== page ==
SB 482, by state Sen. Ricardo Lara (D-Bell Gardens), would require doctors to check CURES before prescribing controlled substances for the first time to a patient in California, and annually if the course of narcotic treatment continues. The state Senate passed the bill, but it has stalled in the Assembly.
CMA, a trade group representing about 40,000 physicians in the state, opposes the bill, saying it "would create an unnecessary regulatory burden to prescribing and increase the threat of litigation, both of which would have a detrimental impact on patient care."
CMA officials added another reason to oppose the bill last month when a new version of the electronic system -- CURES 2.0 -- was rolled out. The new version's reliance on the use of up-to-date Web browsers posed a problem for some physicians and physician groups, according to the CMA.
"We support the CURES database, but it needs to be workable before we start mandating the use of it," said Molly Weedn, associate vice president of public affairs for CMA.
CMA Resistance Called 'Troubling'
Carmen Balber, executive director of Consumer Watchdog, said California policymakers should recognize and join the national trend toward mandatory use of prescription databases.
"More and more states across country are moving in this direction and we're seeing more and more authorities saying it's part of the answer to stemming the epidemic of drug abuse," Balber said.
"This isn't just patient or consumer advocates saying this. CDC is strongly pushing in that direction and the American Medical Association has announced a task force to explore the issue," Balber said.
Balber said the CMA's opposition to Lara's bill is ill advised.
"I find it really troubling that the [California] medical association continues to throw out scare tactics to doctors instead of embracing change that could save lives," Balber said.
Before CURES 2.0 launched, CMA officials warned physicians about potential connectivity problems, saying that if the California Department of Justice did not change its implementation plan, "a minimum of thousands of physicians will lose access to CURES."
DOJ modified its plans and called for a "soft" launch, allowing physicians with older browsers to retain access to the older version of the system.
Kentucky Database Triggered Decline in Drug Abuse
Research from the University of Kentucky Institute for Pharmaceutical Outcomes and Policy shows a decline in the number of prescriptions for commonly abused medications, a reduction in "doctor shopping" and an increase in the number of Kentuckians seeking treatment for prescription medication addiction.
The research specifically measured the effect of a law enacted in 2012. Among other things, the new law required all physicians and pharmacists to register with and use the state's recently upgraded electronic system for monitoring prescription drugs. The Kentucky All Schedule Prescription Electronic Reporting, or KASPER, system is similar in scope and intent to CURES.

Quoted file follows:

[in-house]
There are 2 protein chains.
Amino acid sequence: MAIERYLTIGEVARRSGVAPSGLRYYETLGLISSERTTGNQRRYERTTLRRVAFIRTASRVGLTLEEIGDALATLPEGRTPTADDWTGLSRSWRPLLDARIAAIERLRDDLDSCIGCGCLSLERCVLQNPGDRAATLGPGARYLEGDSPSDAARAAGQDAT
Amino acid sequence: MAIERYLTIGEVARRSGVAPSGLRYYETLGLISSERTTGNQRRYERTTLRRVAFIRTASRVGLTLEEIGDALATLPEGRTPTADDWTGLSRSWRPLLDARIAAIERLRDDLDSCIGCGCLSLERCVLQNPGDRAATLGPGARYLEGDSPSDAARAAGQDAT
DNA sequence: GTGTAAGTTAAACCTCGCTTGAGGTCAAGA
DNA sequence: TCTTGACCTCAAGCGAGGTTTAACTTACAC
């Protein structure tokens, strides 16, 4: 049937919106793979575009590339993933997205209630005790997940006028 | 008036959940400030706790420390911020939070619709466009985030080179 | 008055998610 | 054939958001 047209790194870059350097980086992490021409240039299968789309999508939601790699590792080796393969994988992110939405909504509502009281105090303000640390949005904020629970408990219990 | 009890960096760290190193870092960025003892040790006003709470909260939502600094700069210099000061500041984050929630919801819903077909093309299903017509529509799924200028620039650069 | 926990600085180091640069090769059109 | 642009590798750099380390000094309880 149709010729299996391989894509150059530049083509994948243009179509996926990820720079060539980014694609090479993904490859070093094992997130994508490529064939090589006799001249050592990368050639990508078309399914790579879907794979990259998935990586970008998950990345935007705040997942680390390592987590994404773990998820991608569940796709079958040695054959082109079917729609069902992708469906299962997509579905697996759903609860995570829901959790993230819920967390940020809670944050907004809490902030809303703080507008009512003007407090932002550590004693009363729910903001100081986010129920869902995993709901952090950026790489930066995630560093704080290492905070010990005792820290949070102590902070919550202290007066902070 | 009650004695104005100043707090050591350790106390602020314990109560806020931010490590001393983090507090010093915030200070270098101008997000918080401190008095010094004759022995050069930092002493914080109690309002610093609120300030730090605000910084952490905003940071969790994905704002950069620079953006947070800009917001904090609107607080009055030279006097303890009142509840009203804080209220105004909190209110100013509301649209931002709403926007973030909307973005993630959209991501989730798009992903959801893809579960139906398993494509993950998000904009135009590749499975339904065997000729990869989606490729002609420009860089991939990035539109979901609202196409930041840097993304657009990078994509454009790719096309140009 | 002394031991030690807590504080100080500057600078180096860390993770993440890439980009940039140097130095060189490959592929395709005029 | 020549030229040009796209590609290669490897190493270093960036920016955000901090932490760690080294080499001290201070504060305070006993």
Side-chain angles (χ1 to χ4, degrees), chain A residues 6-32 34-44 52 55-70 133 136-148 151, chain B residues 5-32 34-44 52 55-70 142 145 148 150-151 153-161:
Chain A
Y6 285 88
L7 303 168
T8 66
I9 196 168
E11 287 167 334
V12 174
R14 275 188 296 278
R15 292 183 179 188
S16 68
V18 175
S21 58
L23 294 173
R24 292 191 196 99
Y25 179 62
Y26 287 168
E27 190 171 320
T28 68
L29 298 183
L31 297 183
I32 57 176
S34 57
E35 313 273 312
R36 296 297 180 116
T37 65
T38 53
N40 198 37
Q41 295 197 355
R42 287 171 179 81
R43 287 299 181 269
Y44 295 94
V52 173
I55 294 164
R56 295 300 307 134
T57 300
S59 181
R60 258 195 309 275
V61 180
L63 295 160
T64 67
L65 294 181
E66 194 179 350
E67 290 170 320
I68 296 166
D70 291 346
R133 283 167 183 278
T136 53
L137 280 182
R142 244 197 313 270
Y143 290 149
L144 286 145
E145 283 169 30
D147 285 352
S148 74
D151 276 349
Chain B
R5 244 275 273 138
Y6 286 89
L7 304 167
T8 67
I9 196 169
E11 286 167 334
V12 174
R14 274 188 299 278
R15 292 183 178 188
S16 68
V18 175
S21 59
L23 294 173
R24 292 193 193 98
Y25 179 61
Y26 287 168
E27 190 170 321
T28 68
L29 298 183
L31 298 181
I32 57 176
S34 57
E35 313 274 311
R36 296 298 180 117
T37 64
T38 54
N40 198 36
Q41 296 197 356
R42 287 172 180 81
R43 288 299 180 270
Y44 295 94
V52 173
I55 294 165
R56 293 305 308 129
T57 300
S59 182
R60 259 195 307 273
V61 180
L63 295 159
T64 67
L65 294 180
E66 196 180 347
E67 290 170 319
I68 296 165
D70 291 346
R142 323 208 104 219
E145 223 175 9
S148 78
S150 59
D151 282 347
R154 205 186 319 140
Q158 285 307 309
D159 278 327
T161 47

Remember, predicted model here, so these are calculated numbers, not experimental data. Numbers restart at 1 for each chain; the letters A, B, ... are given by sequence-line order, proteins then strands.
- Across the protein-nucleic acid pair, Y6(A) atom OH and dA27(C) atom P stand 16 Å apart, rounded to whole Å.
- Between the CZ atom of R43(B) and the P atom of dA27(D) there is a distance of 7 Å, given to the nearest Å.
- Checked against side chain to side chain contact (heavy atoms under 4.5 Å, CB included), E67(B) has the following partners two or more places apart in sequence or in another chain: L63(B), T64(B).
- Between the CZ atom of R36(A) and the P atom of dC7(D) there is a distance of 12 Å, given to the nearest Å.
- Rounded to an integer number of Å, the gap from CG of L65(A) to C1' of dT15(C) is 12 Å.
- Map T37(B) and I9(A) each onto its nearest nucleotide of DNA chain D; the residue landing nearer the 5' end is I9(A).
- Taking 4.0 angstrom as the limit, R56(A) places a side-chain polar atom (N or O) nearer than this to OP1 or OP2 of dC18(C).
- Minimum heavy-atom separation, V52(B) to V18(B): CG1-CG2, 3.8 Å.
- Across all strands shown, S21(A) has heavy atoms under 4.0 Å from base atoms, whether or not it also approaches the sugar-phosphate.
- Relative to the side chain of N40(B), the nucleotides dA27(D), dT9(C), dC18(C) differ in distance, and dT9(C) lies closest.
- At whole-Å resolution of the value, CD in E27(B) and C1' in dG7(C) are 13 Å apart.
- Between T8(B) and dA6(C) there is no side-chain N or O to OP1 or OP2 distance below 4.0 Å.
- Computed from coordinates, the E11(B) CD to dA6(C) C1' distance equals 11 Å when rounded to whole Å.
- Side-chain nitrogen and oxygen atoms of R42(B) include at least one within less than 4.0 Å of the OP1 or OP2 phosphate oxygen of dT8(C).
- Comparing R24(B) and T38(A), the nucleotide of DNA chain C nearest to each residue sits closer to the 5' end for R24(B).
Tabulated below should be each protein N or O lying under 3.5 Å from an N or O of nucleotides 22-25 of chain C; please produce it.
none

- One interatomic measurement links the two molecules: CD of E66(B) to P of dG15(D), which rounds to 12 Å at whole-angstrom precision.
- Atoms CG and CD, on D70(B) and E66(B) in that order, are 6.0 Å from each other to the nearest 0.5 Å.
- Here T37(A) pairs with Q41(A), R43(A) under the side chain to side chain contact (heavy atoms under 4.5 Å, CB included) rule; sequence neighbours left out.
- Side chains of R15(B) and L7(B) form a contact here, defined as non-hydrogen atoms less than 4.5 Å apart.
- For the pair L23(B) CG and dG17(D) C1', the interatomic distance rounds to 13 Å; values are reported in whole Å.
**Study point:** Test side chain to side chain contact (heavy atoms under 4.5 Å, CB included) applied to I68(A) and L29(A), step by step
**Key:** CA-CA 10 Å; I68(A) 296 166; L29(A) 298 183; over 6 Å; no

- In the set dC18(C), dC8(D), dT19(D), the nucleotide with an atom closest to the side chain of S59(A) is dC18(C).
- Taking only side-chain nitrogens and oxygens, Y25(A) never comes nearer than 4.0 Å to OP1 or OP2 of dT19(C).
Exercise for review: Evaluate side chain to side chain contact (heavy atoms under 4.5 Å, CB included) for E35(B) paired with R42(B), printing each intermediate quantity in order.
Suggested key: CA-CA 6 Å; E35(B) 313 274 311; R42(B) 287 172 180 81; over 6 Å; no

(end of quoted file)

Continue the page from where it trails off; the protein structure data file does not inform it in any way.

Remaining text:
According to the study, the number of patients in Kentucky who "shop around" for doctors to obtain prescriptions declined by 52 percent, opioid prescriptions to doctor-shopping individuals dropped by 54 percent and overdose-related deaths declined in 2013 -- the first drop in such deaths in six years.
Other states have reported similar results. Earlier this year in a report to the Tennessee General Assembly:
- 41 percent of prescribers in Tennessee reported they are less likely to prescribe controlled substances after checking a prescription database;
- 34 percent said they were more likely to refer a patient for substance abuse treatment; and
- 86 percent of prescribers believe the database is useful for decreasing doctor shopping.
"The study from Kentucky is consistent with the results in every other state that has mandatory use of the electronic system," Balber said.
Balber discounted the argument that physicians will use the system without being forced to.
"There are some states that have mandates only in name -- saying physicians should check the database 'if they think they need to.' But research has shown that only the truly mandatory requirements have any effect," Balber said.
The CURES system, used to monitor Schedule II and Schedule III drugs -- such as OxyContin and other opioids -- "is seldom used in California because checking is voluntary, and that lack of use is costing lives," Balber said.
Although CMA officials said they support the use of CURES 2.0, they said they wouldn't necessarily support mandatory use -- or Lara's bill -- even if the system is working at 100 percent.